neon : minnesota

You reassure yourself that O'Hare will not screw you like last time, despite your sub-forty-minute connection. The land on the other side of your second flight is unknown to you, but you get on the plane anyway, recognizing that every airport, every flight, on this trip leaches a little of your individuality away.

No one is special in an airport. You walk down corridors that see hundreds of travelers per hour, all purposeful, all just as nameless and faceless as you. You are disconcerted to realize that within an hour, you will remember no faces and, in turn, will be just as forgotten. You wonder if you are the only person who becomes a little more transparent, a little less opaque, every time she goes through another airport.

Minneapolis is on time; you are just late getting there; your friend is waiting for you by baggage claim, and forgets his pen on the top of his car while putting your bags in it. The rolling noise it makes as it swan dives off the top of the car causes him to slam on the brakes, getting out in the middle of nonexistent traffic to retrieve it.

You look around, wondering where you are, feeling more than a little lost, wondering why in the world you scheduled a thirty-six hour layover in a city you don't know and people who either have never met you at all or have not seen you in nearly a decade.

Yet you are here, and she who can fly can certainly take a leap of faith every now and then. It's good for the soul, or so she's been told.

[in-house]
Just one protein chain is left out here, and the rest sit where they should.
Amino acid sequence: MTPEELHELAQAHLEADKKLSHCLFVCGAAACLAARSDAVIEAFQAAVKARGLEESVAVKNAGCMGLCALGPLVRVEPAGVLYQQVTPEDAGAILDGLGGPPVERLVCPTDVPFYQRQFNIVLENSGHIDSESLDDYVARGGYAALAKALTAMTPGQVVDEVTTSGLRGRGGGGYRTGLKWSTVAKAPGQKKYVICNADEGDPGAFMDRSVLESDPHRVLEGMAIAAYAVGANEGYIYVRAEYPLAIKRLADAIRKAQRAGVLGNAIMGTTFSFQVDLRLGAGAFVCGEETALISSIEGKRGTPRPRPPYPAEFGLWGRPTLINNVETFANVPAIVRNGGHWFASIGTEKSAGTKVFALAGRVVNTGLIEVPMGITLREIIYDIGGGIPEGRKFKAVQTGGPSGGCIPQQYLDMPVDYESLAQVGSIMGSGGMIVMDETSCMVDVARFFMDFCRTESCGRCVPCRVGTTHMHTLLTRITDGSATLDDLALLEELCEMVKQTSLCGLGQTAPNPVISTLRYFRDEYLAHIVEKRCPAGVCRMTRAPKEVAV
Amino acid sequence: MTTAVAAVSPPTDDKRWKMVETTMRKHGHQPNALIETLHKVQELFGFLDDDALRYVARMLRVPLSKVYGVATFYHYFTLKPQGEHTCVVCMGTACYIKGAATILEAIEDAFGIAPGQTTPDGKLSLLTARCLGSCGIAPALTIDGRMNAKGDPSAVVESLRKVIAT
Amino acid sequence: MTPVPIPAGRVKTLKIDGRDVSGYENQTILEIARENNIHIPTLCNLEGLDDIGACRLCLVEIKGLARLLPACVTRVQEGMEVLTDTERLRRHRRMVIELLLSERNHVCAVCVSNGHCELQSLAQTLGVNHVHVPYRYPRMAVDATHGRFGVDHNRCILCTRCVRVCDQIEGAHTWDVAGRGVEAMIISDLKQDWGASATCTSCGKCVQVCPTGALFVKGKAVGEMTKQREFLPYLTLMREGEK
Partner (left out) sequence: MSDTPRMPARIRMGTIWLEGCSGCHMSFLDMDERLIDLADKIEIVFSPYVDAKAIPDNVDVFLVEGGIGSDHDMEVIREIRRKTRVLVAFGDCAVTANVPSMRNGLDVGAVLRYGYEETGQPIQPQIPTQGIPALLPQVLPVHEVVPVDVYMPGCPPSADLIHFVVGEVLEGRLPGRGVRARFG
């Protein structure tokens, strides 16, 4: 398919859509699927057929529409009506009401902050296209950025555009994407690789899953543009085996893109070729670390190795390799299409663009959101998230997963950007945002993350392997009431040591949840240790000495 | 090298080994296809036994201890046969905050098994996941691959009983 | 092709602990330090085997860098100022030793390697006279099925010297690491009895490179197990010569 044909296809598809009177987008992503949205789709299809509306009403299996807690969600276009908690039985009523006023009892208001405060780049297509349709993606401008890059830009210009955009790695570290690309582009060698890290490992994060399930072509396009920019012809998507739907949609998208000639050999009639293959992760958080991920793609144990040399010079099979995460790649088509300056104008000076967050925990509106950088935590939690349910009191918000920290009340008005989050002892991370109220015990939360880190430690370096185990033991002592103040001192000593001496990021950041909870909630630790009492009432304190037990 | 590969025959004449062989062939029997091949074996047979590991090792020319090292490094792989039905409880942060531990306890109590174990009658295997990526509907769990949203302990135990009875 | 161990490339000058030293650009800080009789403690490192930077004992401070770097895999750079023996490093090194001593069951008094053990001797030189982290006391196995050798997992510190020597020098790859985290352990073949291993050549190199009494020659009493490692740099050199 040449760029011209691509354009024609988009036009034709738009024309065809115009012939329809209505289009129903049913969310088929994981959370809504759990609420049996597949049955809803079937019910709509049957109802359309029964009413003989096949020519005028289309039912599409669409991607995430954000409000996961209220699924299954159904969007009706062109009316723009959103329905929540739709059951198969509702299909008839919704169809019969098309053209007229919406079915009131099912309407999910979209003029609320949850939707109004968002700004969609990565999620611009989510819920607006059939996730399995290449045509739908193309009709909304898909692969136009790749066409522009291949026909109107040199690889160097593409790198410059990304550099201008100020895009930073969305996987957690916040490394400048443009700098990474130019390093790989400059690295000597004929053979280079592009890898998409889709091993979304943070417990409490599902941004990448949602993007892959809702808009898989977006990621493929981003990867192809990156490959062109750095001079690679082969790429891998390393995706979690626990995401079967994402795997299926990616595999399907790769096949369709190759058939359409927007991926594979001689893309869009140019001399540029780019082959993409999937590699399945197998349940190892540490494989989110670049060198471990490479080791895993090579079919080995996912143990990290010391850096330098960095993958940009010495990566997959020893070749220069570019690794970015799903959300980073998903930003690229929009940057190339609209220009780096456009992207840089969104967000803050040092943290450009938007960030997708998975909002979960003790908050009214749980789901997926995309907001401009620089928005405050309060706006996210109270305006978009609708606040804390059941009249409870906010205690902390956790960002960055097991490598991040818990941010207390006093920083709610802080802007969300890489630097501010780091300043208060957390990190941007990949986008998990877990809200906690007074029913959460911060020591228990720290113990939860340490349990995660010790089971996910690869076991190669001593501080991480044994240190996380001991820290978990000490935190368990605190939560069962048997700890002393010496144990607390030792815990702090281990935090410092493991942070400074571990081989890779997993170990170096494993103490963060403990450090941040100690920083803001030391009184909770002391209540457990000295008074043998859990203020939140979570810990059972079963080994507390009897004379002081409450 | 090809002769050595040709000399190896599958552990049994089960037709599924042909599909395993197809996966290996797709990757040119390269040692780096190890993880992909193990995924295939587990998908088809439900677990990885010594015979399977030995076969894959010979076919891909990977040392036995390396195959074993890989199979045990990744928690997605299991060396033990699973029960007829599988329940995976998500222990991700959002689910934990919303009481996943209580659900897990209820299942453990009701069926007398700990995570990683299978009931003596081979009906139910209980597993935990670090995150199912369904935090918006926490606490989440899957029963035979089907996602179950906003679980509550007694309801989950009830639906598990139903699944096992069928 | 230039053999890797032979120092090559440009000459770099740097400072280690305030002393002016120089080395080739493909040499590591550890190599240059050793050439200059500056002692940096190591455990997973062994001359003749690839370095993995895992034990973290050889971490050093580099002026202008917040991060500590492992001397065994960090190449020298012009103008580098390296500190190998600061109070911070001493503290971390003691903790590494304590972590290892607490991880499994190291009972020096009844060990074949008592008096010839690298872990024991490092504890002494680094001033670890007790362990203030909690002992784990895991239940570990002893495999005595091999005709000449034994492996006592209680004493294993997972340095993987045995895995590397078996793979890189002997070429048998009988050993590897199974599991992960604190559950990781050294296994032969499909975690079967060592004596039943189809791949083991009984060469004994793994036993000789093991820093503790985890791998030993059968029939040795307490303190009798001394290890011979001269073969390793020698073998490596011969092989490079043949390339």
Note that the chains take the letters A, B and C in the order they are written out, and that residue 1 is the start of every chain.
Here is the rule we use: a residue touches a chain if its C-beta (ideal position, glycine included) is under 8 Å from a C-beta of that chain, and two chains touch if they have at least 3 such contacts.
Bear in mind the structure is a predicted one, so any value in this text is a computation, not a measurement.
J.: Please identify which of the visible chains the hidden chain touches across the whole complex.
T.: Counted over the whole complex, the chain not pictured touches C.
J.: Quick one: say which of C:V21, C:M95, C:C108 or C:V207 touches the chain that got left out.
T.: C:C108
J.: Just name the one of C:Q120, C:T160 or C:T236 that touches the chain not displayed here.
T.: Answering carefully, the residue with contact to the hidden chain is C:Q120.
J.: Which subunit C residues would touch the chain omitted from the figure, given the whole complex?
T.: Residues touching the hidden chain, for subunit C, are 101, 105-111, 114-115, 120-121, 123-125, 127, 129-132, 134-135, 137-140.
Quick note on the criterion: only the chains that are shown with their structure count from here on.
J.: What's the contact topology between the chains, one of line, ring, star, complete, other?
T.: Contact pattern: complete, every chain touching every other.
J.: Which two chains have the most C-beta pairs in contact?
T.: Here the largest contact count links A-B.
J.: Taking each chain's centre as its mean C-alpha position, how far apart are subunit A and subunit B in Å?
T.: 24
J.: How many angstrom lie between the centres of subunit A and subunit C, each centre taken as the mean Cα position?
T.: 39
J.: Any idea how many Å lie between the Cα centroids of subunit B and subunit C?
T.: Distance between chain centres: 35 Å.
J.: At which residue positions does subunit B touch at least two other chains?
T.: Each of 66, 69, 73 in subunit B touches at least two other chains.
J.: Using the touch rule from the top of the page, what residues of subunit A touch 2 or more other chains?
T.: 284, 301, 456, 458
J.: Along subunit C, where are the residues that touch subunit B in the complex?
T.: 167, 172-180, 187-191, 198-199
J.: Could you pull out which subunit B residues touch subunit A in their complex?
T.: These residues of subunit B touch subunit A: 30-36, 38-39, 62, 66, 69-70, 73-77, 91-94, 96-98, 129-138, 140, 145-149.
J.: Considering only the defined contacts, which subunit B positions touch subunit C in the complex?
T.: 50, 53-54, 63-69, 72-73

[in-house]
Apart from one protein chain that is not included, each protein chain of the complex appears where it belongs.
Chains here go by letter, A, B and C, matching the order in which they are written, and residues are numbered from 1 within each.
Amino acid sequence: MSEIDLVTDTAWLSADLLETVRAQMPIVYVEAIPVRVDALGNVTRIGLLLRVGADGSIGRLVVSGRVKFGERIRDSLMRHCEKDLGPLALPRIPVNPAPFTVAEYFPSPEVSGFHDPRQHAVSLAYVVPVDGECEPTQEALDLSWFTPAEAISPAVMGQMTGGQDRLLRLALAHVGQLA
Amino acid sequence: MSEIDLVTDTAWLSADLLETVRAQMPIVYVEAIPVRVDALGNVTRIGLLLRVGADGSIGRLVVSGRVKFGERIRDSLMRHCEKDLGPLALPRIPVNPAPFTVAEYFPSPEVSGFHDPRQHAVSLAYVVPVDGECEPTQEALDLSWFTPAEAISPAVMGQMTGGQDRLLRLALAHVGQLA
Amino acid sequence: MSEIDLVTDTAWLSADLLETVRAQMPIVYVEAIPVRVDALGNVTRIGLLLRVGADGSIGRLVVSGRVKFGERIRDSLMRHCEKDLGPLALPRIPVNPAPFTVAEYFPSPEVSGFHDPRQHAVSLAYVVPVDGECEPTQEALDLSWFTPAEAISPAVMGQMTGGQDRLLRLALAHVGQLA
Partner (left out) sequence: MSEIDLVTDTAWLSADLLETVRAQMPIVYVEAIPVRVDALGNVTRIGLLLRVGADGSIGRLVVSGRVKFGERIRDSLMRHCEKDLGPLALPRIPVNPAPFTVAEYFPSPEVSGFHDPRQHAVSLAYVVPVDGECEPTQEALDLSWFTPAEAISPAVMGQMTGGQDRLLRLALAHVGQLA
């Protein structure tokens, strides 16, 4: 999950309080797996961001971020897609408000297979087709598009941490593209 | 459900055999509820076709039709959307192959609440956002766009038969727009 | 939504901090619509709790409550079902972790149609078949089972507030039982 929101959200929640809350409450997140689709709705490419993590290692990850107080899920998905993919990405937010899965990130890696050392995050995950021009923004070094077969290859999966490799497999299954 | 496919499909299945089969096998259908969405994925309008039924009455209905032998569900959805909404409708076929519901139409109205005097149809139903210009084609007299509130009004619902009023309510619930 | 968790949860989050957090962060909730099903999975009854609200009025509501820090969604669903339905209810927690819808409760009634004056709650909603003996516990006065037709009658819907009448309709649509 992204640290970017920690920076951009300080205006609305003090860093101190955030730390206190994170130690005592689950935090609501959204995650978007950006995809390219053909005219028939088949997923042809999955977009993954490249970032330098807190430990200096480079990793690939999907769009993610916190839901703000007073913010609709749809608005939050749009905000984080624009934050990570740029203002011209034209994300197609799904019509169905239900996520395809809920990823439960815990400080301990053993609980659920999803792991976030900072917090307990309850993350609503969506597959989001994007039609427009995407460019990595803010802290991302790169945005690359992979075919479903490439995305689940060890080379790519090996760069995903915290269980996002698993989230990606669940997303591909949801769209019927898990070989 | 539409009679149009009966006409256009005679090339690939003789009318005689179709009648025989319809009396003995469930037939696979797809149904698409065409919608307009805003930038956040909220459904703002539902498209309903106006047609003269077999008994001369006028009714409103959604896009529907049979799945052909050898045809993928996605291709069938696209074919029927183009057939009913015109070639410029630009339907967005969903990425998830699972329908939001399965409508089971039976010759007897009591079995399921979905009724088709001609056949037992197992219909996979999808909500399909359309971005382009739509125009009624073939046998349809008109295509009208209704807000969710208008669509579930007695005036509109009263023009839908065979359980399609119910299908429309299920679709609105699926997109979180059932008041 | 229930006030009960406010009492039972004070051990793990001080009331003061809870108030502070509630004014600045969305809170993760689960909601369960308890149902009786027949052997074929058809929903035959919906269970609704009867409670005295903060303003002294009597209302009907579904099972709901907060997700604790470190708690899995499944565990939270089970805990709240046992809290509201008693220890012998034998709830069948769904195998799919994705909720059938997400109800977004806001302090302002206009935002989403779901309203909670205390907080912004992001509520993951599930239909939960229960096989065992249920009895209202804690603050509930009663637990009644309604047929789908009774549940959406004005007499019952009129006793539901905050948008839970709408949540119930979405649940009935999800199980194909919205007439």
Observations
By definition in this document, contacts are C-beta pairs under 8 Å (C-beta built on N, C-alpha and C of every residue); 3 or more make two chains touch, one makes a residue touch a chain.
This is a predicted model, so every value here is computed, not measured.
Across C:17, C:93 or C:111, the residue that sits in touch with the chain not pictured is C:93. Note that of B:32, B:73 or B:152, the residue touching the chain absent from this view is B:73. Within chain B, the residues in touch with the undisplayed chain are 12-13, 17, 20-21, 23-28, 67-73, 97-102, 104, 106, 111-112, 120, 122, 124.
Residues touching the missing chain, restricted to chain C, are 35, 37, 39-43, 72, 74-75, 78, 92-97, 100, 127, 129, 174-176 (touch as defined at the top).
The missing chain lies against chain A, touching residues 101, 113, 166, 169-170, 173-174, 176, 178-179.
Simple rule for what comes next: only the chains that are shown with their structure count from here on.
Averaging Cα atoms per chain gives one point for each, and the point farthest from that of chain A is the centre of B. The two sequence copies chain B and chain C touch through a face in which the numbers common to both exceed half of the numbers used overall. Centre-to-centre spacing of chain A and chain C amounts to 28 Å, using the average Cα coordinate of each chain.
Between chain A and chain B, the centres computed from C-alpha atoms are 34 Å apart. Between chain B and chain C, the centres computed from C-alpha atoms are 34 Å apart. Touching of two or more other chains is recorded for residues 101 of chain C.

A cat, whom you later learn is Meriska, lets you hold her despite her usual objections. You finally meet the long-term wife of your host the following morning, along with their sick toddler that you almost as quickly say goodbye to. You head to a bastion of commercialism where you buy a Christmas trinket for your mother, and wonder if the sky will hold its rain at bay. The weathermen promise, but you are skeptical.

In the bookstore by the Ethiopian restaurant you buy a copy of a book to force yourself to return the borrowed copy to one of your Canadian friends. It kills the time and the nervousness before having lunch for the first time with a netfriend that is neither old nor new, but a category all his own.

He brings two of his children, and you recognize that you are using your camera as a shield to approach new people in a manner that is not personally frightening for you, and yet, you feel that you could put the camera down at any time. A five-year-old girl with limpid brown eyes and a bright red hat is nowhere near as terrifying as a room full of librarians, and her brother is even less frightening than she is.

You begin to suspect that perhaps you have not made a Giant Colossal Mistake after all when your friend:old and friend:not-quite-new begin swapping stories over doro wat.

The old friend knows you, and knows what to expect because you warned him earlier that morning; when you excuse yourself to 'get a to-go box for his wife' he knows full well you are paying the bill. When the friend:not-quite-new says you can't leave yet because the check hasn't come, you smile and teach him the phrase "check ninja."

On the way to the zoo, the conifers remind you of Seattle, which you miss and will see soon.


You wonder if you are the only person who becomes a little more transparent, a little less opaque, every time she goes through another airport.


Did you ever read JMS's comic/graphic novel Midnight Nation? If not, you might find it interesting - it's more or less created around that very concept.


Damnit, I wonder where our copy is.

Oooh, no.  This is just an idea I've kept to myself and never written down before now.  It's comforting to know I'm not the only person who has thought that.